#4 MC 900 Foot Jesus, “The City Sleeps”
#5 Conjure One, “Manic Star”
“The City Sleeps” inspired an entire poem cycle of mine. Not in the way some things did, where I took a full album and borrowed all the titles of the album for poems, but “The City Sleeps”, which comes from M900J’s first solo album, 1991’s Welcome to My Dream, actually meshed with an existing poem that I had written in the eighties in my head, and the two of them conspired to put me to work for a year building a world (or at least a city) in the poem cycle “Metropolis”. That is some heavy juju indeed. But it’s up against fellow Canadian Rhys Fulber (whom you may know better as half of Front Line Assembly, who were huge in dance clubs in the eighties/early nineties) with his project Conjure One, known for extensive collaborations with female vocalists—Fulber was one of the few people to brave working with Poe and risking the wrath of the lawyers who were keeping her tied up in court throughout the 2000s, for example. On “Manic Star”, he was working with Argentine vocalist Marie-Claire d’Ubaldo, and the collaboration is sheer magic. Though, interestingly, and I triple-checked the attribution, I have never heard another piece of d’Ubaldo’s music that sounds like “Manic Star”; her voice on the one solo record of hers I’ve been able to track down is deeper and richer than it comes across here. Nevertheless, this song is something else indeed. This battle came down to lyrics; M900J’s simply work better, and thus Conjure One are off to the sidelines, and MC 900 Foot Jesus is off to train for Day Three.
#7 Field of Hats, “Votary”
#2 Pray for Teeth, “Puritan Eyes”
This would have been the most difficult matchup of Round Two were it not for one factor: simple length. “Votary” is here because it’s my favorite song ever. Period. End of story. It’s also thirteen and a half minutes long, which makes it pretty untenable when you’re looking at eighty minutes of music; you’re getting close to twenty percent of the music you’re going to be listening to for the rest of your life being one song by one band, which is a pretty tough sell, even when that one song is “Votary”. “Votary” isn’t like sex, in the way that, say, Duran Duran threw in those fake-orgasmic moans at the end of “Hungry Like the Wolf”, or like, well, the entire Prince catalog. No, “Votary” is sex. Or, to be more precise, “Votary” is foreplay, then coitus, then afterglow. It is the most perfect sonic depiction of sex you will ever hear outside an amateur porn reel, which is made all the more ironic given that it’s one guy. (Does that make it masturbation?) Granted, that one guy is one of the world’s best guitarists, and if you haven’t cottoned to his music yet, there is no better starting point than the 2008 two-tape set Ancillaries, whence this track. All that said, it’s still thirteen and a half minutes long, tough sell blahblahblah…but even so, and even given that pound for pound the thirty-two songs in this bracket are simply the best in the entire competition, there are exactly two tracks in this round that could have sent “Votary” to the sidelines. One of them is Robert Turman’s “’al-Qaida”, which you just saw handily dispatching the great Noisegate a couple of battles ago. The other is “Puritan Eyes”, the best song of 2012, seven and a half minutes of brutal, face-shattering hardcore/sludge/mathcore from Pittsburgh trio Pray for Teeth, who may be the single most exciting band to emerge so far this decade. It comes from their eponymous demo, which unfortunately seems to longer be in print, not even at bandcamp. I’ll put it this way: Pray for Teeth actually out-Protestant Protestant. And Protestant are one of the best hardcore bands on the planet. Regretfully, we allow Field of Hats to head for the bleachers, while Pray for Teeth head for the Sweet Sixteen.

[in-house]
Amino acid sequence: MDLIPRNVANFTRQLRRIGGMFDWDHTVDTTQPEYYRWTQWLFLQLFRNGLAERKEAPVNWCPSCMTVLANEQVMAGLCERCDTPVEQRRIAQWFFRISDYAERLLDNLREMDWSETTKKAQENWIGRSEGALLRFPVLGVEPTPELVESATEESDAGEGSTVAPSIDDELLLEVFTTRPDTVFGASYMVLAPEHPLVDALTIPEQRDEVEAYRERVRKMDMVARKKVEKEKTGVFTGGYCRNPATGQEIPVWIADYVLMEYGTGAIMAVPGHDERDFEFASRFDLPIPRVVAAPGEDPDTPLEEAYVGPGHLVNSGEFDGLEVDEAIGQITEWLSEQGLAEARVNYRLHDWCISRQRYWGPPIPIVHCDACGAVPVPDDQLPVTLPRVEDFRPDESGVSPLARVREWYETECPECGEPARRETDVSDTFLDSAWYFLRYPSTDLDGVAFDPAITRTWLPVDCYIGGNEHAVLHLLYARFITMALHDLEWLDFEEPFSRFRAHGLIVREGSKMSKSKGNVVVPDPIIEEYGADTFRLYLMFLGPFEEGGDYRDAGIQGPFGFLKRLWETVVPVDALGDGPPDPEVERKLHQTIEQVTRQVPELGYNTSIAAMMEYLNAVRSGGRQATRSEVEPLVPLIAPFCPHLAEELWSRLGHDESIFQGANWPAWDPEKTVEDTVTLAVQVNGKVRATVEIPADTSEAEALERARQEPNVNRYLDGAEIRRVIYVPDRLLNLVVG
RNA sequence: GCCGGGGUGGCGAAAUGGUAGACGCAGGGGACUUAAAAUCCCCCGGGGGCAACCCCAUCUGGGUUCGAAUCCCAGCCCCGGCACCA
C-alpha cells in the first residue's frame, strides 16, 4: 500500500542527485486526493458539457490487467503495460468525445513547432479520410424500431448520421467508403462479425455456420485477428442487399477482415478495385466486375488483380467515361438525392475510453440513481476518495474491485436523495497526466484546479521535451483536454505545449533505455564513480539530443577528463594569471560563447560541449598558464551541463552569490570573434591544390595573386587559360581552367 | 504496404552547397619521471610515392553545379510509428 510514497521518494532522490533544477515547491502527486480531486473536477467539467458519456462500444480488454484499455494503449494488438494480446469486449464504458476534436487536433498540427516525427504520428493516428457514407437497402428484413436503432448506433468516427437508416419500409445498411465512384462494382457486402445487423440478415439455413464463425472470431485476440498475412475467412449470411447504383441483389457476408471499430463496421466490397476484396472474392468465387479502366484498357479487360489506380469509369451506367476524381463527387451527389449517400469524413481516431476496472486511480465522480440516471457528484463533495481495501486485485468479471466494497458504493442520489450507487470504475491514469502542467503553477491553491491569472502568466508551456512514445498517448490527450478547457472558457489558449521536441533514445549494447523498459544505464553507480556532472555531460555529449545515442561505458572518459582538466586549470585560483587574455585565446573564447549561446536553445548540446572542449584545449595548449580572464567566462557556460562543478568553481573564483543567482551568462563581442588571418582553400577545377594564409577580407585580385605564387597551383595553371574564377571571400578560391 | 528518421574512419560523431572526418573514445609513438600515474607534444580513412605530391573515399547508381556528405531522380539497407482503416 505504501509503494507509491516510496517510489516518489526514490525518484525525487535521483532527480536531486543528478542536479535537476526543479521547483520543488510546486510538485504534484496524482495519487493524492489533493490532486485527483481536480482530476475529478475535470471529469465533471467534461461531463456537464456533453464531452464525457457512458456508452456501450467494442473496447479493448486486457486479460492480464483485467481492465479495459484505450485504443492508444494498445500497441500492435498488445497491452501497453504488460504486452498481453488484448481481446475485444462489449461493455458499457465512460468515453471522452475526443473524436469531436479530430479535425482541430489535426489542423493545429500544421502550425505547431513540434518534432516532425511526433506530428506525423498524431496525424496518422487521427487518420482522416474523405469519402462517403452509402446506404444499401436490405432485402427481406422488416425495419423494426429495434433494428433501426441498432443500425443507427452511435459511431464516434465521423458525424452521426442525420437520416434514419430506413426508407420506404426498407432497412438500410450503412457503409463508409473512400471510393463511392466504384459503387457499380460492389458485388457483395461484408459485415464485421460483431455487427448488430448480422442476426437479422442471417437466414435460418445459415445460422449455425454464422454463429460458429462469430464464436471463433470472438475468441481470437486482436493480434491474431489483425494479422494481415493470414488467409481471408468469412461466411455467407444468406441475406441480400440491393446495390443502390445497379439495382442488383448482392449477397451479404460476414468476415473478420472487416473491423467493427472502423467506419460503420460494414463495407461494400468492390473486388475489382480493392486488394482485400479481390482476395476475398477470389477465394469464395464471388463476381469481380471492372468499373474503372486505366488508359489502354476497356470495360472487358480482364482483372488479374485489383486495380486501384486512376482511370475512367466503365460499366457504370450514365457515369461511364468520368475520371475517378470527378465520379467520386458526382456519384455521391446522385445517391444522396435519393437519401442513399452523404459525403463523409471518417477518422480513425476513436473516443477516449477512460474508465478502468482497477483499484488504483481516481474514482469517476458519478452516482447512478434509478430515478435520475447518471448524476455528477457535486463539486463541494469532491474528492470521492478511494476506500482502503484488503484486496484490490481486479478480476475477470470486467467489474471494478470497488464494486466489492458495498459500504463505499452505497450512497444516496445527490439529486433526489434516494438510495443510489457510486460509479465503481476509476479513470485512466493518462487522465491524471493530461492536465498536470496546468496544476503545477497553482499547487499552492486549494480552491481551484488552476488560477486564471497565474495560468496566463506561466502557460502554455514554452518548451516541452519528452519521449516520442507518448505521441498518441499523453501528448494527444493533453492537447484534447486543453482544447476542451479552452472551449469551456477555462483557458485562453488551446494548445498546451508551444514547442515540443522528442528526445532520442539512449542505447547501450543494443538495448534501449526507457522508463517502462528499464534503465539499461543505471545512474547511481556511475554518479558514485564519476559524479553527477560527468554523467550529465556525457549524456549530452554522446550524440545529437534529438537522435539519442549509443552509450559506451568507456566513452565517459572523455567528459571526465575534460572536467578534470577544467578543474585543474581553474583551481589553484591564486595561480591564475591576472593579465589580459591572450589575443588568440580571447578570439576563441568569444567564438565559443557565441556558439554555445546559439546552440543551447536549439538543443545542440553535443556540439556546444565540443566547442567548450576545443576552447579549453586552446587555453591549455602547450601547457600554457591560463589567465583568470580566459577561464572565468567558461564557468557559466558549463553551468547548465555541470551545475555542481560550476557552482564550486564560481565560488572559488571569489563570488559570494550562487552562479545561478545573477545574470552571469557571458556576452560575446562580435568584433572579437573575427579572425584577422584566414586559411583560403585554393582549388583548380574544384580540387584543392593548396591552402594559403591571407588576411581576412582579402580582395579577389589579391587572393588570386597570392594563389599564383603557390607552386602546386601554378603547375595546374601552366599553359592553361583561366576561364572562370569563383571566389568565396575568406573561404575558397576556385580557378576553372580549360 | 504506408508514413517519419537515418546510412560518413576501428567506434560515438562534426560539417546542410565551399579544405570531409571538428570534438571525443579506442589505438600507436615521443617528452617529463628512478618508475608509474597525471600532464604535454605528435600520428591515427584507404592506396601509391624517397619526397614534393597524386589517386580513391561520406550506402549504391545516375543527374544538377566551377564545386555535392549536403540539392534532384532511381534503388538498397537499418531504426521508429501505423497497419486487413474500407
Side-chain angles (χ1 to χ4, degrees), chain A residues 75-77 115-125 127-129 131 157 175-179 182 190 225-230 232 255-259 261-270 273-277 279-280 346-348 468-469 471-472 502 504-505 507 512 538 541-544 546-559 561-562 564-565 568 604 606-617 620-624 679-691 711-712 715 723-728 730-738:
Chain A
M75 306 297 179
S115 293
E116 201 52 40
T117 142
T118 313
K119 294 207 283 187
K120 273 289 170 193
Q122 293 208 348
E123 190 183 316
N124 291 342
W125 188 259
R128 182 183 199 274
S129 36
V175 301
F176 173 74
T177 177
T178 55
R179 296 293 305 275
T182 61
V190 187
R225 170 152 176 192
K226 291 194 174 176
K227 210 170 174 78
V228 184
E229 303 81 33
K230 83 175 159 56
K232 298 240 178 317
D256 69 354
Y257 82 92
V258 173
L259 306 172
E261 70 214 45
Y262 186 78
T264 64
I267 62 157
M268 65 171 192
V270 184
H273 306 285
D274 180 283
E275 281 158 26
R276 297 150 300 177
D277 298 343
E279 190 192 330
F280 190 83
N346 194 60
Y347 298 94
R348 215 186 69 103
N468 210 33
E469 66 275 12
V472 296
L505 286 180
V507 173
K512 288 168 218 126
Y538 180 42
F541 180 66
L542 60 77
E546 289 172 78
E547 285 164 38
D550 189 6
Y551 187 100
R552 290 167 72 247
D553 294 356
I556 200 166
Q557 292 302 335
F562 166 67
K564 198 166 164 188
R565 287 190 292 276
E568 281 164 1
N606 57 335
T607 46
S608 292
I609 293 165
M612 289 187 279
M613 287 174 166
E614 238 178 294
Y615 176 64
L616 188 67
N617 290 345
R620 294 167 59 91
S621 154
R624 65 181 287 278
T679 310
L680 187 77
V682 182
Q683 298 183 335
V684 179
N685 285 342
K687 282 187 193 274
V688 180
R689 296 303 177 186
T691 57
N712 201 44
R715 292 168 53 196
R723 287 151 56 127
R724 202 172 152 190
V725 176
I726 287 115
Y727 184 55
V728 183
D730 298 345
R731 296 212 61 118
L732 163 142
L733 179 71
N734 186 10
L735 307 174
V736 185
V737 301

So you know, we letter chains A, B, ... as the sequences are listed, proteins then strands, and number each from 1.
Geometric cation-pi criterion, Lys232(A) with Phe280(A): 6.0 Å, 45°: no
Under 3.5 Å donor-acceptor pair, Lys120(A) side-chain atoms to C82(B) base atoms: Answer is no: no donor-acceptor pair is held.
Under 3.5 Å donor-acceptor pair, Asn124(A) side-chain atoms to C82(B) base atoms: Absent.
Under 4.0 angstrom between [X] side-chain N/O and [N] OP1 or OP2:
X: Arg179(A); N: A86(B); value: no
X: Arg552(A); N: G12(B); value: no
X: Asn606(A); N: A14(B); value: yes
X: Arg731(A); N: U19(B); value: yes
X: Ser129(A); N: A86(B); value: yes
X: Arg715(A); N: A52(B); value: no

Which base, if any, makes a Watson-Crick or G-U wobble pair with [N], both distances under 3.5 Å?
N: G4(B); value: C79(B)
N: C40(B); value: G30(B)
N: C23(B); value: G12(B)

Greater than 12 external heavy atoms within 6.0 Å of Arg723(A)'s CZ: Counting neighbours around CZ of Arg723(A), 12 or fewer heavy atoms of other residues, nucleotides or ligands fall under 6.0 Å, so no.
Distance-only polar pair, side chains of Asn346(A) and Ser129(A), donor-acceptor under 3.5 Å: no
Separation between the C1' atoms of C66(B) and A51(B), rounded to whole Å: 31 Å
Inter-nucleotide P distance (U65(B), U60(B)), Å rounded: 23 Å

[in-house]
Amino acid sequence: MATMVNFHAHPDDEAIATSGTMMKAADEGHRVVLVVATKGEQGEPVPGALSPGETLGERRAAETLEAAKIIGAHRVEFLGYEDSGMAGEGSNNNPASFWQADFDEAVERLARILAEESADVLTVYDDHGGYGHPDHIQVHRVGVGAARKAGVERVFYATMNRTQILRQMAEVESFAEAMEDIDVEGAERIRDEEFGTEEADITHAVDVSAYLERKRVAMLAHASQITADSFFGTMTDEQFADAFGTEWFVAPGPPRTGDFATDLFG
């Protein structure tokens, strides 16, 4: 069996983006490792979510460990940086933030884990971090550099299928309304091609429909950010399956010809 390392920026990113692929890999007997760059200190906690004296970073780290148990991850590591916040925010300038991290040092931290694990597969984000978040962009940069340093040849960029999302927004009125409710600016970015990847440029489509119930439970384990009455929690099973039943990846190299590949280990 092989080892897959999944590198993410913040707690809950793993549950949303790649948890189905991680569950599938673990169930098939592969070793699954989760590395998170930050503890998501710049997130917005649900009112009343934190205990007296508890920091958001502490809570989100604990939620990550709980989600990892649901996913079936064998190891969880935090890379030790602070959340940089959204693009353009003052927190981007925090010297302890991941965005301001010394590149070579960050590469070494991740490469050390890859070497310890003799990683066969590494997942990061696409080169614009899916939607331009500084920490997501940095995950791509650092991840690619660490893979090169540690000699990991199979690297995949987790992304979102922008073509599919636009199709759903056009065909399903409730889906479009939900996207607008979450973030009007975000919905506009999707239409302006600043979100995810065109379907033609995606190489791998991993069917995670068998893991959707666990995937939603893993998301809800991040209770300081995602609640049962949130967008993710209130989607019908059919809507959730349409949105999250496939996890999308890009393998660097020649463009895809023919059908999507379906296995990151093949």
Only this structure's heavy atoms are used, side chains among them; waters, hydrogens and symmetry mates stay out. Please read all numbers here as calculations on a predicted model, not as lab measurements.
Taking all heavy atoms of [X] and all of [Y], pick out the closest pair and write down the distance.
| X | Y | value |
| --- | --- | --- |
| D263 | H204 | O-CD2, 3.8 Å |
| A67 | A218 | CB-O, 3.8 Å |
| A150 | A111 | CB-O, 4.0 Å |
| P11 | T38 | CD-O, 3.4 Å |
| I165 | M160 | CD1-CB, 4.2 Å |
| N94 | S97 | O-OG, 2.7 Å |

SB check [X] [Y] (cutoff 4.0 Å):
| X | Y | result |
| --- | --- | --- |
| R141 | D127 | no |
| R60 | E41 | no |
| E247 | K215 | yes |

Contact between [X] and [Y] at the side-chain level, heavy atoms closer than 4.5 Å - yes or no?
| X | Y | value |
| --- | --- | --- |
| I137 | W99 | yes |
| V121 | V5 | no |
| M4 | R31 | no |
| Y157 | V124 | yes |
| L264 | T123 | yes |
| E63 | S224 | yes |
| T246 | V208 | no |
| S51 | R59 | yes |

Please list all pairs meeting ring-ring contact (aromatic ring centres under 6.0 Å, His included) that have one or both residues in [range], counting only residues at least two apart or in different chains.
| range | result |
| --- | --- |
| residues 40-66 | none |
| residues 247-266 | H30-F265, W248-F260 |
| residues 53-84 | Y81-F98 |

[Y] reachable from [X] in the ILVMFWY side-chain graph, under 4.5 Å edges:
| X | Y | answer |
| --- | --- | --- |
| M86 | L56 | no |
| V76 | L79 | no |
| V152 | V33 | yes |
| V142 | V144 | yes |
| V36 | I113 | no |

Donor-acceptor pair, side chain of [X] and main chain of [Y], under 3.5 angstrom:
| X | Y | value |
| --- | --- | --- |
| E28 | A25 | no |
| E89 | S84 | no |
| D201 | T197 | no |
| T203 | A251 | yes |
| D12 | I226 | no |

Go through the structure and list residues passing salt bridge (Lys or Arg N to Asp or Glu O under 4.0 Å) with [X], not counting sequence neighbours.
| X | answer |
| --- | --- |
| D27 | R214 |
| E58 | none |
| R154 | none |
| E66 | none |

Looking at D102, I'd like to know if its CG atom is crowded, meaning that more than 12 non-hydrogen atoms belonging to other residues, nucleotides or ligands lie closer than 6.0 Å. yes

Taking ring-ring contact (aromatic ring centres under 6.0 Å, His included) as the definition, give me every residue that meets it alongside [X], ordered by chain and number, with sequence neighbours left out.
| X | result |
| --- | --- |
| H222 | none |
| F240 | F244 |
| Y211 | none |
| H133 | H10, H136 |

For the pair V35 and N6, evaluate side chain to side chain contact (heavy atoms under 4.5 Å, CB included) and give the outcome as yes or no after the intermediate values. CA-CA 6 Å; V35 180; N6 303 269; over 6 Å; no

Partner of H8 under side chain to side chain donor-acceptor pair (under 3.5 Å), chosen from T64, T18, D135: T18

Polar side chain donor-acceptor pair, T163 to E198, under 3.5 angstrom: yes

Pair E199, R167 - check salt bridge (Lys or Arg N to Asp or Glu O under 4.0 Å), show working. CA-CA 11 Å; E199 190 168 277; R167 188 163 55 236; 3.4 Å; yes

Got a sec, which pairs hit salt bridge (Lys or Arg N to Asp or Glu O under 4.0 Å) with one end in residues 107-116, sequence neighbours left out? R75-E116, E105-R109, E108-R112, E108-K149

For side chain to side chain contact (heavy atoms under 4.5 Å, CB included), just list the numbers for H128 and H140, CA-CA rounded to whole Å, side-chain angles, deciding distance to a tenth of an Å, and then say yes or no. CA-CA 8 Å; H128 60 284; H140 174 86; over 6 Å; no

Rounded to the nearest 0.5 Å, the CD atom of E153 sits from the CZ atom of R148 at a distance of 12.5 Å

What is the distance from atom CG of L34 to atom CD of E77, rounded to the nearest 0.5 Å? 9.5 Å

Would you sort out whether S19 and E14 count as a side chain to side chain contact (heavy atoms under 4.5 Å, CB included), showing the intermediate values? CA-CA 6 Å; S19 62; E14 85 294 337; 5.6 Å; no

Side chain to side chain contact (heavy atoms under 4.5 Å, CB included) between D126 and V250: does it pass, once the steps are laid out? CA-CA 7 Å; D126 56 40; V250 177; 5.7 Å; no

And when we see the over-5 Sweet Sixteen on Day 3L, you will find yourself facing the following matchups, where blood is certain to fly…
#8 Nick Cave and the Bad Seeds, “We Call Upon the Author” vs. #6 Dead World, “Kill”
#5 Alcest, “Solar Song” vs. #2 Agalloch, “Kneel to the Cross”
#8 Pearl Jam, “Indifference” vs. #6 Robert Turman, “’al-Qaida”
#5 Tearoom Trade, “Bathhouse” vs. #2 Chris Connelly, “July”
#1 Rapoon, “Breathing Gold” vs. #3 Woods of Ypres, “I Was Buried in Mount Pleasant Cemetery”
#5 The Cure, “Wailing Wall” vs. #2 Big Black, “Kerosene”
#1 Anthrax, “Black Lodge” vs. #6 Radiosonde, “Pilot (Belly-Up Mix)”
#4 MC 900 Foot Jesus, “The City Sleeps” vs. #2 Pray for Teeth, “Puritan Eyes”